Subject: Re: seetting umask with scp
To: Andrew Brown <email@example.com>
From: Greywolf <firstname.lastname@example.org>
Date: 10/18/2001 19:50:22
On Thu, 18 Oct 2001, Andrew Brown wrote:
# Date: Thu, 18 Oct 2001 11:55:45 -0400
# From: Andrew Brown <email@example.com>
# To: David Brownlee <firstname.lastname@example.org>
# Cc: Emmanuel Dreyfus <email@example.com>, firstname.lastname@example.org
# Subject: Re: seetting umask with scp
# > If your source permissions are right you could use -p, otherwise
# > I think you're right.
# you have two options.
# (1) as david suggested, use scp -p and set the permissions on the
# local side to be what you want on the remote side.
# (2) tweak your shell startup script(s) on the remote side (.profile or
# .cshrc or .bashrc or whatever) to set your umask there to something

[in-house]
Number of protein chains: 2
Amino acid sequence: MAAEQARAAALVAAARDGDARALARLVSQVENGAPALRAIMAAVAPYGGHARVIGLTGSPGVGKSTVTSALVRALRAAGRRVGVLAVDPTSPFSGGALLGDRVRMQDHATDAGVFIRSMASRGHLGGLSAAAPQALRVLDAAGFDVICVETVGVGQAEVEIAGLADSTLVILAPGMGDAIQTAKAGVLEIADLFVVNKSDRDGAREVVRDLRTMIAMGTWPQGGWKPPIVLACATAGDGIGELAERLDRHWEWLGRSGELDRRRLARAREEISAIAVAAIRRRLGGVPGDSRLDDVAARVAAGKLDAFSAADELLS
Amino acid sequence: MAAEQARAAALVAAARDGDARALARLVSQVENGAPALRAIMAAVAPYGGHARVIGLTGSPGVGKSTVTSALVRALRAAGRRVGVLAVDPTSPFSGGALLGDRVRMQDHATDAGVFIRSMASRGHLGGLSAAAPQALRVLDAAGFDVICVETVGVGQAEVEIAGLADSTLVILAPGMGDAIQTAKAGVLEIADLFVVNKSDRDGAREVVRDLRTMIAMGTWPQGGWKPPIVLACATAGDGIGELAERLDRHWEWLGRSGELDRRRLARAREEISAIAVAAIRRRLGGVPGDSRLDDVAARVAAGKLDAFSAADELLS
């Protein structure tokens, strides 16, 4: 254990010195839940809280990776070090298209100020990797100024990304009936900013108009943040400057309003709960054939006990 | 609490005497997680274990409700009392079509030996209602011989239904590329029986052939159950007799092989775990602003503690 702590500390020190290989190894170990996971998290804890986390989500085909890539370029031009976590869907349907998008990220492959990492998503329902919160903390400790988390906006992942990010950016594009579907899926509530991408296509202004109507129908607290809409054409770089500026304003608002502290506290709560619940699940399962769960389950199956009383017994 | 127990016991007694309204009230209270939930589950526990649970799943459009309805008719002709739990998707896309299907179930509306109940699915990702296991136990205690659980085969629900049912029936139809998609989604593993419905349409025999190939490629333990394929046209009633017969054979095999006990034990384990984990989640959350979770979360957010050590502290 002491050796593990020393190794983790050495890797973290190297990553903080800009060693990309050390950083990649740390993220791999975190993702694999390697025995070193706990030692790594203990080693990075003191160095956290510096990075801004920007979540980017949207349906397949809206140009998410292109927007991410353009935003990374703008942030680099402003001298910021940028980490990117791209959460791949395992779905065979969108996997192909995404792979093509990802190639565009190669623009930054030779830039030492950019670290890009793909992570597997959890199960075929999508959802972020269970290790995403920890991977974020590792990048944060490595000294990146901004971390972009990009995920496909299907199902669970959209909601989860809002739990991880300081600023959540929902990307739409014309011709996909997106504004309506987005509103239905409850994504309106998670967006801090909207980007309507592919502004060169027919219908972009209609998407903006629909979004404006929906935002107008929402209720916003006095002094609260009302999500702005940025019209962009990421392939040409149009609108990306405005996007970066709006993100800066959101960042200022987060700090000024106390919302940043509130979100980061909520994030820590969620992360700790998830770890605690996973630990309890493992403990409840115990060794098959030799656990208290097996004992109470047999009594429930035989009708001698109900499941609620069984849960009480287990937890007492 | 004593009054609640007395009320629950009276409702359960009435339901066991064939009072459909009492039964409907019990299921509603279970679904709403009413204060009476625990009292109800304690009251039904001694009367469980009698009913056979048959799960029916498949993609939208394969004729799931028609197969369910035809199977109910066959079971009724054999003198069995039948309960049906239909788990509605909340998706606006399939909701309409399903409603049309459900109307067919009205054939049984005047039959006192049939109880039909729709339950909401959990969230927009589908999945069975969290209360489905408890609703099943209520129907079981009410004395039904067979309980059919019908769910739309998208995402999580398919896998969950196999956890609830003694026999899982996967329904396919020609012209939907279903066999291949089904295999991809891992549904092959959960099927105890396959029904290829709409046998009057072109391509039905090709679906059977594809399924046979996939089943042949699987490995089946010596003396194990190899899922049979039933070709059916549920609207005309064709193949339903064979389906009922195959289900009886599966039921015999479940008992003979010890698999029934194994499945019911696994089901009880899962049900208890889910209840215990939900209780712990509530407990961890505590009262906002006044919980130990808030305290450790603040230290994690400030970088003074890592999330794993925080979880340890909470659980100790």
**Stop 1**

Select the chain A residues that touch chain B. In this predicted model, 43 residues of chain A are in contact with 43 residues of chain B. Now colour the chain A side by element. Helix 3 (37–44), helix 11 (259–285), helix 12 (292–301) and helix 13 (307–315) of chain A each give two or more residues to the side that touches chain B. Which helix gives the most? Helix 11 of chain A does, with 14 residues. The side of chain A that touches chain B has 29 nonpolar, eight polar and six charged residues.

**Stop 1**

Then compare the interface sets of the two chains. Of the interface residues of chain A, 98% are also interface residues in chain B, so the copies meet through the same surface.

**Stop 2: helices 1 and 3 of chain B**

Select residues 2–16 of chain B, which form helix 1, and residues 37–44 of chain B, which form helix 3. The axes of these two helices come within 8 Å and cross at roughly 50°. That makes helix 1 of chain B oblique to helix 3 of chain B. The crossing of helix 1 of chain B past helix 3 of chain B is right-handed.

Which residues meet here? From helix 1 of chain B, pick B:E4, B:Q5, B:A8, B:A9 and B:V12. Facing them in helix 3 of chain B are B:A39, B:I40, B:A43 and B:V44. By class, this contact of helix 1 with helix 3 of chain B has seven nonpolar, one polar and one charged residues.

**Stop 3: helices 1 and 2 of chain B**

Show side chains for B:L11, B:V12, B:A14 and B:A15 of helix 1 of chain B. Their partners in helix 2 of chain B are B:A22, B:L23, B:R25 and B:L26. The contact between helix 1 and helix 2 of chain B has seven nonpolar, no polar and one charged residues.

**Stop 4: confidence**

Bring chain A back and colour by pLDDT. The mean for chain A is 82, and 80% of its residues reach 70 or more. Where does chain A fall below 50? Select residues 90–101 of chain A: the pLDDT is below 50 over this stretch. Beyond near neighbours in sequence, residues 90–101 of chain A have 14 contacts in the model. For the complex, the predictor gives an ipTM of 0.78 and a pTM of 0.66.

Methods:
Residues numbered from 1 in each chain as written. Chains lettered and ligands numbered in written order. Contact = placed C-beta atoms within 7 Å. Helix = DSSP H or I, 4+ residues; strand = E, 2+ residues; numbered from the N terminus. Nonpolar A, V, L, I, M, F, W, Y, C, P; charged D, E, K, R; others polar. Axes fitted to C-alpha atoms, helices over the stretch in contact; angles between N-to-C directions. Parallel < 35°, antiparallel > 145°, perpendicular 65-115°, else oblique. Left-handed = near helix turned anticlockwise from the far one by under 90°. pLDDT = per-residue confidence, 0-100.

# that will allow the mode to end up the way you want. note that this
# won't *add* extra bits (so a 644 file will be at most 644 on the
# remote system), it will only subtract bits (so a 664 file going to a
# remote system with the umask set to 022 will end up as 644).
(3) (compile and) install rsync. scp usually blows up on me when I do
a recursive copy.
# |-----< "CODE WARRIOR" >-----|
# email@example.com * "ah! i see you have the internet
# firstname.lastname@example.org (Andrew Brown) that goes *ping*!"
# email@example.com * "information is power -- share the wealth."
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